AN ECONOMICAL DESIGN FOR A MICROCLIMATE VITRINE FOR PAINTINGS USING THE PICTURE FRAME AS THE PRIMARY HOUSING
LAURENT S. G. SOZZANI
Fluctuations in ambient temperature and relative humidity and the subsequent deleterious effects on artworks is an accepted and well-studied subject that has generated numerous bibliographies (Thompson 1964; Padfield 1966; Hackney 1990; Michalski 1991; Skalka 1991). Maintaining the physical stability of artworks is essential to their preservation. The demand for traveling exhibitions escalates concern for the artworks' stability. For a painting on a wood support, these fluctuations can yield changes in the moisture content of the wood itself, causing shrinkage and expansion. These changes, in turn, can weaken the adhesion between the paint and/or ground layers and the wood support, resulting in paint loss. Controlling the moisture content of the wood panel and thereby minimizing this process has been the goal of many conservation practices.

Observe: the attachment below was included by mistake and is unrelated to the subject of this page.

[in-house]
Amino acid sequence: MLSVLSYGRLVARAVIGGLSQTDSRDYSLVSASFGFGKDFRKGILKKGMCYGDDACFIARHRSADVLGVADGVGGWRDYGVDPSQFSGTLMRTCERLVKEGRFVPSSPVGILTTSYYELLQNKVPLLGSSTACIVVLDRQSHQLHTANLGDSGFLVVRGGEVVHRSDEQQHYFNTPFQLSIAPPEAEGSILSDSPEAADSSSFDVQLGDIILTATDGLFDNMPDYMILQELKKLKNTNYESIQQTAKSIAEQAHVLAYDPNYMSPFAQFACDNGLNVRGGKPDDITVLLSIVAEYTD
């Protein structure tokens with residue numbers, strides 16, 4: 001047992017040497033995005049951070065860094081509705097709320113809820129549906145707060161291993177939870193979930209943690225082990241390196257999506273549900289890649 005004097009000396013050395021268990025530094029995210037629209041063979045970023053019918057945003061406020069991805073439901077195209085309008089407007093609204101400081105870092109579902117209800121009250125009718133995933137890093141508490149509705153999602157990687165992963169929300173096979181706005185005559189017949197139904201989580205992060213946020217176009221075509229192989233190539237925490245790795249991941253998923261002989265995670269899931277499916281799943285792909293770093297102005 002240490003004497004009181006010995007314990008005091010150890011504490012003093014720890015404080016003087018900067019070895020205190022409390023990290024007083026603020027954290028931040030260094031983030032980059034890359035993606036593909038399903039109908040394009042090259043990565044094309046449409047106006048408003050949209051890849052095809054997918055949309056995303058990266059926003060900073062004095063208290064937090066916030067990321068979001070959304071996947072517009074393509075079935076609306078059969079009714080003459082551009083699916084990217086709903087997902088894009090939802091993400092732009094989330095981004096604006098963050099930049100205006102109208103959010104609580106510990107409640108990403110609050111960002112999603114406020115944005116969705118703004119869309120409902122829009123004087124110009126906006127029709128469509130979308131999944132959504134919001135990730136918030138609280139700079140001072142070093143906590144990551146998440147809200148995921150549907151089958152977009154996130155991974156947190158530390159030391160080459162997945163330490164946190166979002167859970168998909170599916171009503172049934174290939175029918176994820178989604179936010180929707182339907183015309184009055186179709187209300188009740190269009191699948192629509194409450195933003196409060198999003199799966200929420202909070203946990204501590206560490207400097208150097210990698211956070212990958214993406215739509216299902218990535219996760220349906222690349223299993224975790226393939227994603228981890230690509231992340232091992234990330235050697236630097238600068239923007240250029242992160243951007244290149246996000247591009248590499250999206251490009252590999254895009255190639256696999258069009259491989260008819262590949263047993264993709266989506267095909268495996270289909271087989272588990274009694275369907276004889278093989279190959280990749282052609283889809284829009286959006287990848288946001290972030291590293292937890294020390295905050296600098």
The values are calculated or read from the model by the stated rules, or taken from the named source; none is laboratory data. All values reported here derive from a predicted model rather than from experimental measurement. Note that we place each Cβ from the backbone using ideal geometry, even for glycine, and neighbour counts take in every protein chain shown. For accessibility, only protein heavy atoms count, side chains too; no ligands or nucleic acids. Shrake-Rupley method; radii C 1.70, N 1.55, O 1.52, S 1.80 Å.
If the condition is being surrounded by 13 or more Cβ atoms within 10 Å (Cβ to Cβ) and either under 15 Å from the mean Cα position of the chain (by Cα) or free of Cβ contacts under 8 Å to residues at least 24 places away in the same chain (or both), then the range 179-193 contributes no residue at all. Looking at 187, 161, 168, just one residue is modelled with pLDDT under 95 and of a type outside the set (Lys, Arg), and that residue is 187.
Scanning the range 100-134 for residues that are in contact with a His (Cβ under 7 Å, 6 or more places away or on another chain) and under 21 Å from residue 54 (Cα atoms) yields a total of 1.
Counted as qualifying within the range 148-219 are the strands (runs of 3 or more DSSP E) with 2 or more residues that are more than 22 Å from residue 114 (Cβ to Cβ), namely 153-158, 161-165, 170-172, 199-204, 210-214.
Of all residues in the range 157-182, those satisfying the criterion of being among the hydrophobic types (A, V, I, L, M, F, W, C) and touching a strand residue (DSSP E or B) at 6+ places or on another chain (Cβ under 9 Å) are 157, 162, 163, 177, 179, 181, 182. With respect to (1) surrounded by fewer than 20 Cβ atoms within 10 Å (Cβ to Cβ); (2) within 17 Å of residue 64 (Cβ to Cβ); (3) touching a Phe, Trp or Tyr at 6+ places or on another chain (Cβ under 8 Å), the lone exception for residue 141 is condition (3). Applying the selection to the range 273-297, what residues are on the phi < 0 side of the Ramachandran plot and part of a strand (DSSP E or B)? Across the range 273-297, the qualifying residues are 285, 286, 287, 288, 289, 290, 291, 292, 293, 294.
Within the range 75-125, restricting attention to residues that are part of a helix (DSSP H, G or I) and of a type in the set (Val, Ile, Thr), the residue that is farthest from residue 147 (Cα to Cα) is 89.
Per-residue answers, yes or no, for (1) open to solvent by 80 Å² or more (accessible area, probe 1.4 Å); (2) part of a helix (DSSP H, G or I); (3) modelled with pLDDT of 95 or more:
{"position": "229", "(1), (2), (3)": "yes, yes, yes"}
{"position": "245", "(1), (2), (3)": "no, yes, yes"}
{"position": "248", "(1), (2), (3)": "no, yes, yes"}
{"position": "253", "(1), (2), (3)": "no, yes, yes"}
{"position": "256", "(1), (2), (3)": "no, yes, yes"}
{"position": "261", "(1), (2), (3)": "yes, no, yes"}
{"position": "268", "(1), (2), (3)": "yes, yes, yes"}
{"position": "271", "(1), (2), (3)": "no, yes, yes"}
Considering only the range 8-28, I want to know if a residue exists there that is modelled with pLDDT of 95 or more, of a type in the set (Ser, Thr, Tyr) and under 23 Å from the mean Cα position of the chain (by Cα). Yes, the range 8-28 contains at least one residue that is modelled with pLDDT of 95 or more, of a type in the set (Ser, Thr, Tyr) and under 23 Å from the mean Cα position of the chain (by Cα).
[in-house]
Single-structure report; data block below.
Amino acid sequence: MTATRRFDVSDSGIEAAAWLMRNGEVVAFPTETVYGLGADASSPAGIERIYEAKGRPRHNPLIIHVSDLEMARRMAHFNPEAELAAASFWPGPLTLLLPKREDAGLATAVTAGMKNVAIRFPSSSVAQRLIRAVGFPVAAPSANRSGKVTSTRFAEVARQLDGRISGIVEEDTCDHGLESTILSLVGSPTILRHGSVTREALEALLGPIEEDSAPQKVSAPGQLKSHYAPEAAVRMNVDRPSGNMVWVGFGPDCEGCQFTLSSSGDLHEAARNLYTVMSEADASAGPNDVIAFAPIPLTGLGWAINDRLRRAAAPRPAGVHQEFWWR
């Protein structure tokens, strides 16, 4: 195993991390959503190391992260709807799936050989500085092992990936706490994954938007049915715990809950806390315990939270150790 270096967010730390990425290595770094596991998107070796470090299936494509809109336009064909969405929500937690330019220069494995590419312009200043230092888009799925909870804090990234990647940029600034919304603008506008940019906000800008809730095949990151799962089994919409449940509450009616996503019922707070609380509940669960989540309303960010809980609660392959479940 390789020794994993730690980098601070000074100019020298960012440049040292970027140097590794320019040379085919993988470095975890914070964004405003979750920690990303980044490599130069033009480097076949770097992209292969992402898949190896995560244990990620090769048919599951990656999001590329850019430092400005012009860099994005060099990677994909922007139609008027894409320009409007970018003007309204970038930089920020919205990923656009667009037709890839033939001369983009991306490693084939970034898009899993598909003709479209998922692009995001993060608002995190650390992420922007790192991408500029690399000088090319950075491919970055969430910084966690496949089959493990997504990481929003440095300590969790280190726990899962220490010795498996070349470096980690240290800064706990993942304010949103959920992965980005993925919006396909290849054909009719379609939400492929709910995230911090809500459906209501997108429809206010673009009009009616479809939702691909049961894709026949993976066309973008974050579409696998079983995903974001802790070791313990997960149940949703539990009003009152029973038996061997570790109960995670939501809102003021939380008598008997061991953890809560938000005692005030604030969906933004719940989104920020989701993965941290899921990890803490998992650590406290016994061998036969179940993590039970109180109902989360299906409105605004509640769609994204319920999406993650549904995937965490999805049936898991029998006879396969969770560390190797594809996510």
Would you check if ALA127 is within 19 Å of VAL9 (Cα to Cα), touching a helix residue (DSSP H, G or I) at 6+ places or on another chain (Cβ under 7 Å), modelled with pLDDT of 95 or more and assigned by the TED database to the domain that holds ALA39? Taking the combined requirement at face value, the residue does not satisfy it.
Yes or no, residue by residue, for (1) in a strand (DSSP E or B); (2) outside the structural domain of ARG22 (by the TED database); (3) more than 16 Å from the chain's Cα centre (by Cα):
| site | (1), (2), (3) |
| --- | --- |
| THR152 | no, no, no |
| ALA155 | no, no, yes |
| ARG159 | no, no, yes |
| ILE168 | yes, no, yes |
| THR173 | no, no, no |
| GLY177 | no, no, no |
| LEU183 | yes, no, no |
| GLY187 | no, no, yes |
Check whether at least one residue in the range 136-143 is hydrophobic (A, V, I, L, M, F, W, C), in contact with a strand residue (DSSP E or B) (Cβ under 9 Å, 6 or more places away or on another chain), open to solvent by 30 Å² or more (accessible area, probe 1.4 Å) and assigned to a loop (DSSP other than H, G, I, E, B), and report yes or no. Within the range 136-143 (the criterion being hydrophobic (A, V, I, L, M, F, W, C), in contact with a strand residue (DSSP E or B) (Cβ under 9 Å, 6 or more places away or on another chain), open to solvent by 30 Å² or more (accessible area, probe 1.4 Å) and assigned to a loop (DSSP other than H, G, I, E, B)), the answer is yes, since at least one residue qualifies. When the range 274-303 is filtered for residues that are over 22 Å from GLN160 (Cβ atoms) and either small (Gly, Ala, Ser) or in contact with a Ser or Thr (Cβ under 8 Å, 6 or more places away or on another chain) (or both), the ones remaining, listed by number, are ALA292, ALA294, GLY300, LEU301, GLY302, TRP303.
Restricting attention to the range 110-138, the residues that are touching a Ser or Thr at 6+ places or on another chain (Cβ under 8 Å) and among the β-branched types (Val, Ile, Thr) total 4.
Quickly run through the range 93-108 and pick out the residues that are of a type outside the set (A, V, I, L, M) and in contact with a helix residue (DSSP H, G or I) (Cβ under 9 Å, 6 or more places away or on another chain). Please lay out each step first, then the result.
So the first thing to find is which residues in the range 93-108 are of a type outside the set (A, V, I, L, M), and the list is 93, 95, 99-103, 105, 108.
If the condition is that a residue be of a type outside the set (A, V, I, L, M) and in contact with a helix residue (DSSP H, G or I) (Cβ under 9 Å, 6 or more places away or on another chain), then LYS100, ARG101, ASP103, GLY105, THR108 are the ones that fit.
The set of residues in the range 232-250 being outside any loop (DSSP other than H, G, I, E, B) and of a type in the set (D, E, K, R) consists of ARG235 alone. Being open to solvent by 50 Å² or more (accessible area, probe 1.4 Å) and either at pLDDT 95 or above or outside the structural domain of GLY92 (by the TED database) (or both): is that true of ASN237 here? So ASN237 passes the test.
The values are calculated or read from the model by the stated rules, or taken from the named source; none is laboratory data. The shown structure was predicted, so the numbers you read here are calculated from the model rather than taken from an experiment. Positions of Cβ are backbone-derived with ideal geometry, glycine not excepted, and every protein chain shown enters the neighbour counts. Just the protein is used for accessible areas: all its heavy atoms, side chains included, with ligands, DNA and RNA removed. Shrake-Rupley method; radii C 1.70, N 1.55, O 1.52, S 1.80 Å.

The need to control moisture content has led to the development of systems for protecting panel paintings in sealed, climatically stable microenvironments used in transit and/or during exhibition in what may be climatically unstable external environments (Sack and Stolow 1978; Ramer 1984; Bosshard 1990; Hackney 1990; Richard 1994; Wadum forthcoming). Museums often use stationary, climate-controlled vitrines in-house, and borrowing institutions can provide them as part of a loan requirement. Even with proper packing and transport, however, such a requirement does not ensure protection during transfer of the artwork into or out of the vitrine, nor does it address the possible differences between the initial environment and the new preconditioned one. Further, though the design and construction of the in-house vitrine may be close to ideal and the internal environment carefully monitored, responsibility rests entirely on the borrowing institution.